- With kids out of school and many parents working from home, the struggle to limit kids' screen time is more intense—and more important—than ever. Tweet This
- Watching videos and scrolling through Instagram all day might keep kids quiet, but it’s not the best for their mental health or development. Tweet This
Editor’s Note: The following essay is the sixth post in our week-long symposium on how the COVID-19 pandemic will affect family life.
Before the coronavirus outbreak, many parents were already grappling with how to regulate their children’s screen and phone time. Now, with kids out of school and many parents working from home, the struggle is more intense than ever.
First, the good news: Spending an hour or two a day with devices during leisure time doesn’t seem to be harmful for mental health. And doing homework or educational activities on devices for a few hours a day is a virtual necessity and is unlikely to be harmful, so we can cross that off our list of worries as well.
But that doesn’t mean parents should give up on managing kids’ screen time during this extended period of staying at home. Watching videos and scrolling through Instagram all day might keep them quiet, but it’s not the best for their mental health or development.
Here are a few things to consider:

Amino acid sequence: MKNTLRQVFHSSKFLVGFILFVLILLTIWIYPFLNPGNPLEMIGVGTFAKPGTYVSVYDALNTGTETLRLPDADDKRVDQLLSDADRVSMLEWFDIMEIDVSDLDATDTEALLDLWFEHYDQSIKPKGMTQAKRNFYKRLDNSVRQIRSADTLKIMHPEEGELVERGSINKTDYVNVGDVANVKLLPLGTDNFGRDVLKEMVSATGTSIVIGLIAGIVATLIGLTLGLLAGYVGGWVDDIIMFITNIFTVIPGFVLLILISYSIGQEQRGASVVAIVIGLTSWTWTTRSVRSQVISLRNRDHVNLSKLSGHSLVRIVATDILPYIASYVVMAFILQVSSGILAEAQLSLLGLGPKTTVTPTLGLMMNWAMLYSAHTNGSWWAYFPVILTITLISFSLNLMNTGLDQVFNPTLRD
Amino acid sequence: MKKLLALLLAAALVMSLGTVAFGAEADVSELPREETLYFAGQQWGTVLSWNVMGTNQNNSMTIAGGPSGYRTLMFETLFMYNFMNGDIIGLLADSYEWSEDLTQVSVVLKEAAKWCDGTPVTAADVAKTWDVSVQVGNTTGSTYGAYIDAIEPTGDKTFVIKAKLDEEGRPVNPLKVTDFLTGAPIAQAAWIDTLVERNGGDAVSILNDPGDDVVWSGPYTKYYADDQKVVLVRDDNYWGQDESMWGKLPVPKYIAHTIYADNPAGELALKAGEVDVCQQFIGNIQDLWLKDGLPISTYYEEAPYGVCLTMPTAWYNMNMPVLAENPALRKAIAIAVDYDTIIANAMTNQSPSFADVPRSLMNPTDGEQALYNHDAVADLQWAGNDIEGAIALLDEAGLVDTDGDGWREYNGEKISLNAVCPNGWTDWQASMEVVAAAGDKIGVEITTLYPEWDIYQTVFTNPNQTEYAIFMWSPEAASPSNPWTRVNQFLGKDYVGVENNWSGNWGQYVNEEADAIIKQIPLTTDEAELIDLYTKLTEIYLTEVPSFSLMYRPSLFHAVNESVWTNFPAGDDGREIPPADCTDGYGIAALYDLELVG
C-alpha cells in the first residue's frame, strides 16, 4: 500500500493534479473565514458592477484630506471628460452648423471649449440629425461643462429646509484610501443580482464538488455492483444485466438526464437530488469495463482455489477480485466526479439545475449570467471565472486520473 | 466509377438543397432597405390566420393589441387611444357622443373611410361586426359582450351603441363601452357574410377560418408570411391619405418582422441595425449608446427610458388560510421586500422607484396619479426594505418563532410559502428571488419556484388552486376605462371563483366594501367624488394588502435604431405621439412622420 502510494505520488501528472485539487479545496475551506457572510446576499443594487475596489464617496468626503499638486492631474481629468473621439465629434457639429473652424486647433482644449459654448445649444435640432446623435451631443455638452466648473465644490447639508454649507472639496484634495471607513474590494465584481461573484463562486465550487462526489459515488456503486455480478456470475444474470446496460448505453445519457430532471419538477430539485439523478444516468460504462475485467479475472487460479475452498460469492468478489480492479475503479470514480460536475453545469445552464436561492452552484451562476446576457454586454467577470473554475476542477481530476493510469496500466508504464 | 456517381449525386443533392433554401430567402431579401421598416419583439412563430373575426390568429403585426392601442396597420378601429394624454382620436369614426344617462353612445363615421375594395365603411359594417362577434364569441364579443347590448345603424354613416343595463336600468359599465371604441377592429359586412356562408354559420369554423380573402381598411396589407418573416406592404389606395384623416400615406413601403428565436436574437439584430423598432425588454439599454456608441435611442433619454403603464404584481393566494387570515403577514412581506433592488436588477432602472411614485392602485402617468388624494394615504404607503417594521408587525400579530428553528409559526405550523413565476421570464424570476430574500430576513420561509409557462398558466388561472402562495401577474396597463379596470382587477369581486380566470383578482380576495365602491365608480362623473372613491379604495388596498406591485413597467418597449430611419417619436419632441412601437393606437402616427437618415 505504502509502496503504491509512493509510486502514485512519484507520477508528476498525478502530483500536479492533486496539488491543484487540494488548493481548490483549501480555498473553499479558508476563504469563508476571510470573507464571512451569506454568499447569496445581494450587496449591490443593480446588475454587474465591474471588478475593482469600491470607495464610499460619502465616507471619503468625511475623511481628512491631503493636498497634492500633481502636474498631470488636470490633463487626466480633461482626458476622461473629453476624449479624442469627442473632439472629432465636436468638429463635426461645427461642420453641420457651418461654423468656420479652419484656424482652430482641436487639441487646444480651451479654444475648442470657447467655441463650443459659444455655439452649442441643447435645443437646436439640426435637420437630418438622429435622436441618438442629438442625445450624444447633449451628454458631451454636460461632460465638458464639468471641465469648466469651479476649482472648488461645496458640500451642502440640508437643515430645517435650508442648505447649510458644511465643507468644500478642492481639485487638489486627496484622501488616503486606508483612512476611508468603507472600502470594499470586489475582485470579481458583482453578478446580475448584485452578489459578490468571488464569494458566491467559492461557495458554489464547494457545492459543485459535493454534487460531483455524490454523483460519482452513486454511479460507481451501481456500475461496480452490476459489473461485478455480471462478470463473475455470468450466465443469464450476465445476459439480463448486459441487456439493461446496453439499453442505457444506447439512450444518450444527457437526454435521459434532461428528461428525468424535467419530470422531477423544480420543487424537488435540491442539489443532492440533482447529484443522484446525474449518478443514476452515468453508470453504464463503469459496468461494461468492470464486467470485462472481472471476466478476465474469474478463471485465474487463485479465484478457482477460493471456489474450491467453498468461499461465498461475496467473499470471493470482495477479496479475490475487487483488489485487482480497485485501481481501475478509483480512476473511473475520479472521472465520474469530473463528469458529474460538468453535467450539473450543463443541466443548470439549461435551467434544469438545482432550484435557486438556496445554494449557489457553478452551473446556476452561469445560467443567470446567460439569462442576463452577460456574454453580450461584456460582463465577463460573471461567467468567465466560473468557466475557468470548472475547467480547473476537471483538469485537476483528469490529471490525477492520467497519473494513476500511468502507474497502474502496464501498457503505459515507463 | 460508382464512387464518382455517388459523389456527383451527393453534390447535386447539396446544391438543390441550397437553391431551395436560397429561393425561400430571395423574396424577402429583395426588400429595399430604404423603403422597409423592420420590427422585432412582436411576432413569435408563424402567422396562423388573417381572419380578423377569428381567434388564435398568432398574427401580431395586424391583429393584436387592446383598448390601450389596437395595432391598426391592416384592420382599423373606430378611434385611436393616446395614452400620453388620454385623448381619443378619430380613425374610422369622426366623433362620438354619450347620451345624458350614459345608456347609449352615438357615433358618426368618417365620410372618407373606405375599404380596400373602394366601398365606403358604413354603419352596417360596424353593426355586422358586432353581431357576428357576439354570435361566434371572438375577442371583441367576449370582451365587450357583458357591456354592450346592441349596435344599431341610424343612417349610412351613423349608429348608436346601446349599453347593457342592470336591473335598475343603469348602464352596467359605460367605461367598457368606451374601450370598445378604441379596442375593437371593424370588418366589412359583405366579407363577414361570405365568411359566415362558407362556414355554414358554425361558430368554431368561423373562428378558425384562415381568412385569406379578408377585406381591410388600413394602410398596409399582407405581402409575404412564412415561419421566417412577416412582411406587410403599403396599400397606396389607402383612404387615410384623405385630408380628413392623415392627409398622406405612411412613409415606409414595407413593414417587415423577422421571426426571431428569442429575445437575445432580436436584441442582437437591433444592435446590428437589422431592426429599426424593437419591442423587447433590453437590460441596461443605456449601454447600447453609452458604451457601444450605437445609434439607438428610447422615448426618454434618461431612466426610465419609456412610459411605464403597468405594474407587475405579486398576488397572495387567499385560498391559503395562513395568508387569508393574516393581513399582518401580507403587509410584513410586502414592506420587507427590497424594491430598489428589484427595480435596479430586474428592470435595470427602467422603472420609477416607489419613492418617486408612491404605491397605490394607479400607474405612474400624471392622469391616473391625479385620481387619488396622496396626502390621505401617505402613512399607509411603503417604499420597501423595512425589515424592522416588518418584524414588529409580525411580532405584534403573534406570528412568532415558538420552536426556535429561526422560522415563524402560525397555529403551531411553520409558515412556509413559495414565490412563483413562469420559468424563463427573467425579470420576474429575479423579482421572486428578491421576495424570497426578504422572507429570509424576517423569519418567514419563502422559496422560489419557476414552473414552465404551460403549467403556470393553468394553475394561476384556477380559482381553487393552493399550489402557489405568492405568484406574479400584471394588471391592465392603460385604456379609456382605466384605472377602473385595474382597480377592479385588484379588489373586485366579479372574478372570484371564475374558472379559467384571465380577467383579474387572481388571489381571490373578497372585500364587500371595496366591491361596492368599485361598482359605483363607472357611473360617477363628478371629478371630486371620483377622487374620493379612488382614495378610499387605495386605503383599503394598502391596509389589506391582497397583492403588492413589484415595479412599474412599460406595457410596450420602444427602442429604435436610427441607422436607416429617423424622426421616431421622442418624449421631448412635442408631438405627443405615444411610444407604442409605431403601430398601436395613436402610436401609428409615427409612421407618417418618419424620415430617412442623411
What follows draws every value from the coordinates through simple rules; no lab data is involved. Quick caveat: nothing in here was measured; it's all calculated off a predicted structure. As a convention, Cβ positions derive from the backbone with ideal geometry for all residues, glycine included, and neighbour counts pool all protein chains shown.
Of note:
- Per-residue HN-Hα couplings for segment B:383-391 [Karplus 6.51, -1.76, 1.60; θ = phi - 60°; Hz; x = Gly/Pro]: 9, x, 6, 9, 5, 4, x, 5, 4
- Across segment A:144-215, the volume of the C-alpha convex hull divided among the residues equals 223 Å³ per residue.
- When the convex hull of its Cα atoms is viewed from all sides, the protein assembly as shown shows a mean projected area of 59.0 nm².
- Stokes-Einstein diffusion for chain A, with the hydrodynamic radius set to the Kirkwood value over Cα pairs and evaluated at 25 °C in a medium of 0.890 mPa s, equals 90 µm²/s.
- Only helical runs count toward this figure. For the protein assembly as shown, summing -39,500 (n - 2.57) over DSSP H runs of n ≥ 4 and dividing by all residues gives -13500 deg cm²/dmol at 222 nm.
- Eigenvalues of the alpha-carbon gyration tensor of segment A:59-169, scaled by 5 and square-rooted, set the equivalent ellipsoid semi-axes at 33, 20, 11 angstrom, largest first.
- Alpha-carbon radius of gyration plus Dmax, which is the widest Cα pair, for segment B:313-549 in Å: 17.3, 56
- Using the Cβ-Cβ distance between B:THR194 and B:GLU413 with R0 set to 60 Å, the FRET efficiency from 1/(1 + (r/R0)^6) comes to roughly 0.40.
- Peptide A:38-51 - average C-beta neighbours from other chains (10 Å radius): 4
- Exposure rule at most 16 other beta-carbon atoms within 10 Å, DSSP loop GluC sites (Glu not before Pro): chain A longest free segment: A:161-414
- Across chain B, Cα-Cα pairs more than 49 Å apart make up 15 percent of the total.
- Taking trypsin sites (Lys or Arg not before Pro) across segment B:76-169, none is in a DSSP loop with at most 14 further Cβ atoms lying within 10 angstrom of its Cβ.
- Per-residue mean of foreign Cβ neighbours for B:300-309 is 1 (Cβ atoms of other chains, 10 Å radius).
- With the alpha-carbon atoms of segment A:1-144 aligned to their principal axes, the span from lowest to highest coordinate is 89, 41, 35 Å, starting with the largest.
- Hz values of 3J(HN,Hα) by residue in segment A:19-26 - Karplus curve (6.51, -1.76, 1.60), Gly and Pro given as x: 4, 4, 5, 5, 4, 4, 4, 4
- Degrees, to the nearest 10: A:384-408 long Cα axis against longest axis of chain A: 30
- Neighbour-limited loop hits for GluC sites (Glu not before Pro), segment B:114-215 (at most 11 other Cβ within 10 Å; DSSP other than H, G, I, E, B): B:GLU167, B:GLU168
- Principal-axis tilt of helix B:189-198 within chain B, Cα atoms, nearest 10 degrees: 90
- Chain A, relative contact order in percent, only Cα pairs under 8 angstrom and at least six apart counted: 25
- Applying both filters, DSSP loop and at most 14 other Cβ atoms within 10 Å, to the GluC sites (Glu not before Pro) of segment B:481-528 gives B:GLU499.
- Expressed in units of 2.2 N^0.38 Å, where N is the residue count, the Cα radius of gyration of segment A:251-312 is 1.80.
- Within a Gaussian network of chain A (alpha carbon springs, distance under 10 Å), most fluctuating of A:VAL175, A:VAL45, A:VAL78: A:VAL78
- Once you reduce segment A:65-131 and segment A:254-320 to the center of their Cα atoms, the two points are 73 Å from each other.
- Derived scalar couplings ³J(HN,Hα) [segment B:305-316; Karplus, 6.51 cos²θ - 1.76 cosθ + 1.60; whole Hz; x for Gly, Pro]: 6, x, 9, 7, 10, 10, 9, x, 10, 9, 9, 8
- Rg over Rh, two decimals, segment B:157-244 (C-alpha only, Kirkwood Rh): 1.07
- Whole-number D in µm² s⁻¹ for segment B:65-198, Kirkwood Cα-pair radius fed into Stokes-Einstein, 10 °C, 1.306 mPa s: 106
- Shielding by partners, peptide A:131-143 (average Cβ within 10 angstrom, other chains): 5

1. Limit time on social media. The data are still developing, but social media appears to be more harmful to mental health than other types of screen time. If kids and teens want to keep in touch with their friends, they can video chat using Facetime or Skype—that’s the closest they can get to in-person social interaction with friends these days, and it’s vastly preferable to the curated, competitive, and anxiety-provoking world of social media.
2. Use parental controls. Nearly all phones, tablets, and laptops include the option for parents to set limits on how many hours a day the device is used and which apps are allowed. Tools like this are especially helpful when we can’t constantly supervise our kids. One warning: many school-provided devices come with games of questionable educational value, and school-provided devices usually disable parental controls. If you can afford to buy a device for your child, it might be easier to regulate it.
3. Preserve sleep. Even if it seems difficult or impossible to regulate your kids’ screen time during the day, you can still make sure their devices don’t interfere with their sleep. Set parental controls to disable devices a half-hour before their bedtime, or physically take devices away at night. This prevents kids and teens from using their devices when they are supposed to be sleeping; it also stops them from using them right before bedtime when the stimulation is likely to interfere with sleep. With activities and school canceled, teens can no longer claim they have to do their homework on their devices right up until bed. This is a great time for everyone to finally get enough sleep.
The stay-at-home orders around the country have another silver lining: More family time. We are each other’s in-person social interaction right now. Even with all of the ups and downs of this strange time, that’s something to cherish.
Jean M. Twenge, Ph.D., is a professor of psychology at San Diego State University and the author of iGen: Why Today’s Super-Connected Kids Are Growing Up Less Rebellious, More Tolerant, Less Happy – and Completely Unprepared for Adulthood.